Protect Yourself from New 'Malware Cluster Bomb' Attacks

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It's bad enough if your computer is infected with malware, but what if hackers could simultaneously install 10 distinct strains of malware on it? That's exactly what a new hacking organization is now doing.

According to BleepingComputer, "malware cluster bombs," as security experts at KrakenLabs refer to them, are being used by a threat actor by the name of Unfurling Hemlock to infect susceptible PCs.

Unfurling Hemlock has reportedly already carried out these so-called malware cluster bomb strikes in ten different nations, however it appears that most of them are directed towards American targets, according to a recent blog post. The assaults initially started in February of last year, and because of their unique distribution strategy, it is simple to link them to the hacking organization.

This article contains all the information you want concerning malware cluster bomb assaults, as well as precautions you may take to be safe from them.

Dropping a malware bomb

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Malicious emails or malware loaders that Unfurling Hemlock pays other hackers to use are the primary means of distributing the original malware employed in these assaults. In either case, a potential victim's PC becomes infected with a malicious software called "WEXTRACT.EXE".

Because it includes nested compressed cabinet files, each level of this malicious executable's file contains a distinct malware sample or another compressed file, making it a malware cluster bomb. Every one of them releases a distinct malware strain when it is unpacked on a victim's machine.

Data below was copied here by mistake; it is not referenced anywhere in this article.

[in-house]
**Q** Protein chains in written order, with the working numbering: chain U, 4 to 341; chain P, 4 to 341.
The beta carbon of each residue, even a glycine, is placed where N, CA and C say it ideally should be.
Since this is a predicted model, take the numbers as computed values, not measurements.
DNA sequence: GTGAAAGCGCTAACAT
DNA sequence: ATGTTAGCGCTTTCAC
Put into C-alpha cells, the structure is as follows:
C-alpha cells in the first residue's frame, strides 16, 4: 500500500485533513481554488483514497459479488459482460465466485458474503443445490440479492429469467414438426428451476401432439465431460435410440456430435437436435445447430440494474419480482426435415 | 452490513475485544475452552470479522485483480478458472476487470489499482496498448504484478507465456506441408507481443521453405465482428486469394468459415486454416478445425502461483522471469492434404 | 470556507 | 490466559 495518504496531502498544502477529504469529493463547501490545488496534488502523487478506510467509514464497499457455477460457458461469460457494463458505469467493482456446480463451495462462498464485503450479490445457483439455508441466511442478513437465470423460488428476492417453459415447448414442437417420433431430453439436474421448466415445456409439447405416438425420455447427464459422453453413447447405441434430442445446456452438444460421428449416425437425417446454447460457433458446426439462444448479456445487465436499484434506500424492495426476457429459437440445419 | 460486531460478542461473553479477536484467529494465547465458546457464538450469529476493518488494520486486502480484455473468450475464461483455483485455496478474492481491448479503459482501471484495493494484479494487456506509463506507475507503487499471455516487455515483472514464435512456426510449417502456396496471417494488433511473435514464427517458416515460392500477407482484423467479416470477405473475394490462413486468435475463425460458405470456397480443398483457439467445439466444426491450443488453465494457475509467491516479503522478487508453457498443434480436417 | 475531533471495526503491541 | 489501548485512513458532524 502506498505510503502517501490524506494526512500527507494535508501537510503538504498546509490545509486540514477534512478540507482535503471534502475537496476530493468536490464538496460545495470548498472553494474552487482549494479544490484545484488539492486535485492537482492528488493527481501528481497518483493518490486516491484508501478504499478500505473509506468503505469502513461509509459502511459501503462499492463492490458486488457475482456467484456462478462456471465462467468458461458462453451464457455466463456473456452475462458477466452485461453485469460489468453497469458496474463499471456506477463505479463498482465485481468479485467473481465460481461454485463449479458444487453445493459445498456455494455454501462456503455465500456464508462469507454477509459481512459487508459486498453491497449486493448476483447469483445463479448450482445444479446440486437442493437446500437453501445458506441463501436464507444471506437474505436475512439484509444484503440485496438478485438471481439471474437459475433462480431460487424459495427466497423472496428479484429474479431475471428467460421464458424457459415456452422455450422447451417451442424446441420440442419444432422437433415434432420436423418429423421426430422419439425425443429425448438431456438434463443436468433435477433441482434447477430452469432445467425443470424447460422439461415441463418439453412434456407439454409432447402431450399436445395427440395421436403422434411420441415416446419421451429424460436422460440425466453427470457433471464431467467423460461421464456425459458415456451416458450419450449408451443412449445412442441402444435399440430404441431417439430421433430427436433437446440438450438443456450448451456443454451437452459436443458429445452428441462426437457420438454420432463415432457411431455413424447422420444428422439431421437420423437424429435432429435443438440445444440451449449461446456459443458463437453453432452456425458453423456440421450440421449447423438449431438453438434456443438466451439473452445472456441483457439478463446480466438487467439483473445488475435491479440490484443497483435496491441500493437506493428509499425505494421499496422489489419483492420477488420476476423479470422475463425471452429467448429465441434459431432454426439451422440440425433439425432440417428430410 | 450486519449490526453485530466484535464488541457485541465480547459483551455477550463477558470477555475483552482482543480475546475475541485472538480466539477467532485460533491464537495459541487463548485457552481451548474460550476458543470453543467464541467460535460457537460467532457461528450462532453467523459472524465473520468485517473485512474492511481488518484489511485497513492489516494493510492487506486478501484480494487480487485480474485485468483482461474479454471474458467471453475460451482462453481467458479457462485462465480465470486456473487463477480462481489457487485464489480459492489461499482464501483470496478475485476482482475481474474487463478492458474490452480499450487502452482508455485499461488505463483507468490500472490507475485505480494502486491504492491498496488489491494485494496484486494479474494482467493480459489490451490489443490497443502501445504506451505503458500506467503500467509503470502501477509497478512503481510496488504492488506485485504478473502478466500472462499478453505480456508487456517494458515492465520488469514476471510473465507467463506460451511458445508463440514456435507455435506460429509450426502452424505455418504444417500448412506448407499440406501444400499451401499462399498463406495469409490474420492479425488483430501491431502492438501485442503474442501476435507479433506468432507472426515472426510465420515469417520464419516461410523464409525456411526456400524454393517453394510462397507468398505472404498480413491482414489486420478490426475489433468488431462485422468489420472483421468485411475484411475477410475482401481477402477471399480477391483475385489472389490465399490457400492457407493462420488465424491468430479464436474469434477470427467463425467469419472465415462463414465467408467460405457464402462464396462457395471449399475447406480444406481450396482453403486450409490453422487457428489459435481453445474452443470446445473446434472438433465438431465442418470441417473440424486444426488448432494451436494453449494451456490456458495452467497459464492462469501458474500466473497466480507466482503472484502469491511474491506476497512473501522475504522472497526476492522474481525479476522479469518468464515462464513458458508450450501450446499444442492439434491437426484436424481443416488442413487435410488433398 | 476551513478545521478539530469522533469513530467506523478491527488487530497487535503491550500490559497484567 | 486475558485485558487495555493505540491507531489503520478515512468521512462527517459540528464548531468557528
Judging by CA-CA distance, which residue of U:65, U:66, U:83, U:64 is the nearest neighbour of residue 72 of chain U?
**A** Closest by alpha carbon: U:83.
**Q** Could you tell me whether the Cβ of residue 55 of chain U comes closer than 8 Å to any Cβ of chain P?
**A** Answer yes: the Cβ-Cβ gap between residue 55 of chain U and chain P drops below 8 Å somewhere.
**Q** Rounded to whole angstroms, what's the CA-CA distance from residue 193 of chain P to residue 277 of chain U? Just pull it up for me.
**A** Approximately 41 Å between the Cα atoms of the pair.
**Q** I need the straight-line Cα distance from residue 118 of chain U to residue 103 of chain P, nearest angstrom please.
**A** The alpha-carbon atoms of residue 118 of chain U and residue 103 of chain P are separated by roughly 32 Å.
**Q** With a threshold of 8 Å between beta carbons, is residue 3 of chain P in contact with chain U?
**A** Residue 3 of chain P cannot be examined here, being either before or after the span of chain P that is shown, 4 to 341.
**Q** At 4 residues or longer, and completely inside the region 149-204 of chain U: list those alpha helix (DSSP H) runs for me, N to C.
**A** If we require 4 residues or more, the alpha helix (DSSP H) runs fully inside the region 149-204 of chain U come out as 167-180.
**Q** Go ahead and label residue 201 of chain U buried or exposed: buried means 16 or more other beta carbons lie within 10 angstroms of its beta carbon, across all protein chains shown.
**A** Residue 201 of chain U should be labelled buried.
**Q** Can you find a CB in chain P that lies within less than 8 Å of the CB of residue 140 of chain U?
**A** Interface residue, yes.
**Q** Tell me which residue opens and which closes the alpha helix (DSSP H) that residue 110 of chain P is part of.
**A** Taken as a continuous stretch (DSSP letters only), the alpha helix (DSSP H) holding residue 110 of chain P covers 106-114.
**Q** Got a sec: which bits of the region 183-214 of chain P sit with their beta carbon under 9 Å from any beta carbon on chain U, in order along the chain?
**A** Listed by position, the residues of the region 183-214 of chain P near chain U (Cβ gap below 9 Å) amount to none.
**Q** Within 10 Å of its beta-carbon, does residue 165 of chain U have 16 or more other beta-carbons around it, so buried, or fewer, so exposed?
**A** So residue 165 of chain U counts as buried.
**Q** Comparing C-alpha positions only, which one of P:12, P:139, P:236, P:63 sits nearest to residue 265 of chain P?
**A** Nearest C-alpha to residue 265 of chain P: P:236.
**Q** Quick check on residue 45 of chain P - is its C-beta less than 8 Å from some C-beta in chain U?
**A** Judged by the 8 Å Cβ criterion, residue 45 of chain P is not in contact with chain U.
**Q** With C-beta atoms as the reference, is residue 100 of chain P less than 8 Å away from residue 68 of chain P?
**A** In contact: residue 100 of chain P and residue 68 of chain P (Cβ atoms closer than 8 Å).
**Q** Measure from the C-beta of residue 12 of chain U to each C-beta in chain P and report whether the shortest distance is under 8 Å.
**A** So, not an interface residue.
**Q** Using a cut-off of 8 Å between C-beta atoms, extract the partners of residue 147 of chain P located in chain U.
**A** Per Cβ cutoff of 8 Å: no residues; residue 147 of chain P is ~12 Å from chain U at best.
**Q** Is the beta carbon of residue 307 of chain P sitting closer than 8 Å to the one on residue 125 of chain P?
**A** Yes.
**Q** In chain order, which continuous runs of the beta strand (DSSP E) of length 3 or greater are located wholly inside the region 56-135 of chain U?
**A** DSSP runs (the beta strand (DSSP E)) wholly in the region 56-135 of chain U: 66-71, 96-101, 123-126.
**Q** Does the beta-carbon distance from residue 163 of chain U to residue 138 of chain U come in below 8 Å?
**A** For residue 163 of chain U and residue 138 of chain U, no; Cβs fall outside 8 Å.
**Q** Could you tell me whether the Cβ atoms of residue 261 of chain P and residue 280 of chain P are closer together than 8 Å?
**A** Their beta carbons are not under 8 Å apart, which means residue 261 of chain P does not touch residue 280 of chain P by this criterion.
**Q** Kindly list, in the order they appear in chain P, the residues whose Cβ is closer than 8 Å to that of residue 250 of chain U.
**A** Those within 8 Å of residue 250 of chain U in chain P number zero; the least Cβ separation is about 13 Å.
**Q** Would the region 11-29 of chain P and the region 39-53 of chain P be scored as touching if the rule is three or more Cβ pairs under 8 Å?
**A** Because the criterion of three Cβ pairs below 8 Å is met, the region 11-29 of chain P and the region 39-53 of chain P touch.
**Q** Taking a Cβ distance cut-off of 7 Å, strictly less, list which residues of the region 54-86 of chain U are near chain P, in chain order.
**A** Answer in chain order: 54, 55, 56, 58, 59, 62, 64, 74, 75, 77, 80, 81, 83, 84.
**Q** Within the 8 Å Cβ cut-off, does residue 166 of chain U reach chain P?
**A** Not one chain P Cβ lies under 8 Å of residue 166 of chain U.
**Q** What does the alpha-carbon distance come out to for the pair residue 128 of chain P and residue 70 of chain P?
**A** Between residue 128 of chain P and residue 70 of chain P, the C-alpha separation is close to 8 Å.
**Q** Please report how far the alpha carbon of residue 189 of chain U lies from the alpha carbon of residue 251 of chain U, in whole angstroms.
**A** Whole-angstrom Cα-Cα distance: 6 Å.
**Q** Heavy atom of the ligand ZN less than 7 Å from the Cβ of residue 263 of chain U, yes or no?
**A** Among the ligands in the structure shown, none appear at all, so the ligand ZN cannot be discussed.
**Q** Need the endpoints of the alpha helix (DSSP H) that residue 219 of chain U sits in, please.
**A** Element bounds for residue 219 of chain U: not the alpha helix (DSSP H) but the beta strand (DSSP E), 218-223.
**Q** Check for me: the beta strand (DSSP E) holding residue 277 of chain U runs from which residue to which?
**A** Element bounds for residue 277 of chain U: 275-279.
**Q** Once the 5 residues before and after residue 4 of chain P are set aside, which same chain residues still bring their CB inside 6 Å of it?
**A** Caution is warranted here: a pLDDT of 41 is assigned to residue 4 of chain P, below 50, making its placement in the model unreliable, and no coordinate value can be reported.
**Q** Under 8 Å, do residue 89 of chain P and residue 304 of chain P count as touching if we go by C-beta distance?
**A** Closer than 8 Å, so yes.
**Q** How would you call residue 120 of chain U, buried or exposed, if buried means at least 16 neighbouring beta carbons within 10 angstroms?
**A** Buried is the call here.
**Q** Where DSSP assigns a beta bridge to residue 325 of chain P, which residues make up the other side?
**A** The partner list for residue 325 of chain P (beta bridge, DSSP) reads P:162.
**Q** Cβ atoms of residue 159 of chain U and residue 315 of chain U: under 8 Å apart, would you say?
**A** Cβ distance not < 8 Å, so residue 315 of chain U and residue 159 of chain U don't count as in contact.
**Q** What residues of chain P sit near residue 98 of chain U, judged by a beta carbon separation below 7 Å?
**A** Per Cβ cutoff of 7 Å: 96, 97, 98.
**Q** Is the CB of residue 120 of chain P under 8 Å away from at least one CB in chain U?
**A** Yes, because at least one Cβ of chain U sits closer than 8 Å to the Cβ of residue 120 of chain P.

All of these extracted files are then run in reverse order, with the most recent malware extraction hitting the targeted device first, as the attack reaches its peak. The experts at KrakenLabs claim that these malware cluster bombs contain varying amounts of malware, with each one having four to seven stages.

In an Unfurling Hemlock assault, a computer may be infected with backdoors, botnets, and info-stealers, among other sorts of malware. In these cluster bomb-style attacks, KrakenLabs has spotted the Redline stealer and several other well-known malware variants.

Although BleepingComputer believes that Unfurling Hemlock may be capturing sensitive data via info-stealing software and subsequently selling this material to other hacker organizations, KrakenLabs did not address how Unfurling Hemlock is getting money from these assaults.

How to stay safe from malware

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The most crucial thing you can do to protect yourself against malware in general and from these cluster bomb-style attacks is to exercise additional caution while downloading files from the internet. You should never download or open a file from a source you don't trust, whether it's an executable from a dubious website or an attachment in a phishing email.

But, hackers employ a wide range of strategies, such as social engineering and fabricating a false feeling of urgency, to persuade you to reply to their messages or download and open dubious files. The greatest antivirus program might be useful in this situation.

Your antivirus program will flag the file to alert you to its potential dangers when you do download something dubious. Microsoft's built-in antivirus software ought to be able to block the majority of threats, but paid antivirus programs sometimes include helpful extras like a password manager or VPN. All you have to do is confirm that Windows Defender is activated on your computer, which it normally is as it is set on by default.

These malware cluster bombs are among the most inventive attack techniques I've seen in a long time. Hackers are continually coming up with new ones. However, you should be able to prevent getting a terrible malware infection if you use caution when browsing the internet, stay away from downloading files from untrusted sources, and keep your computer's software up to date.

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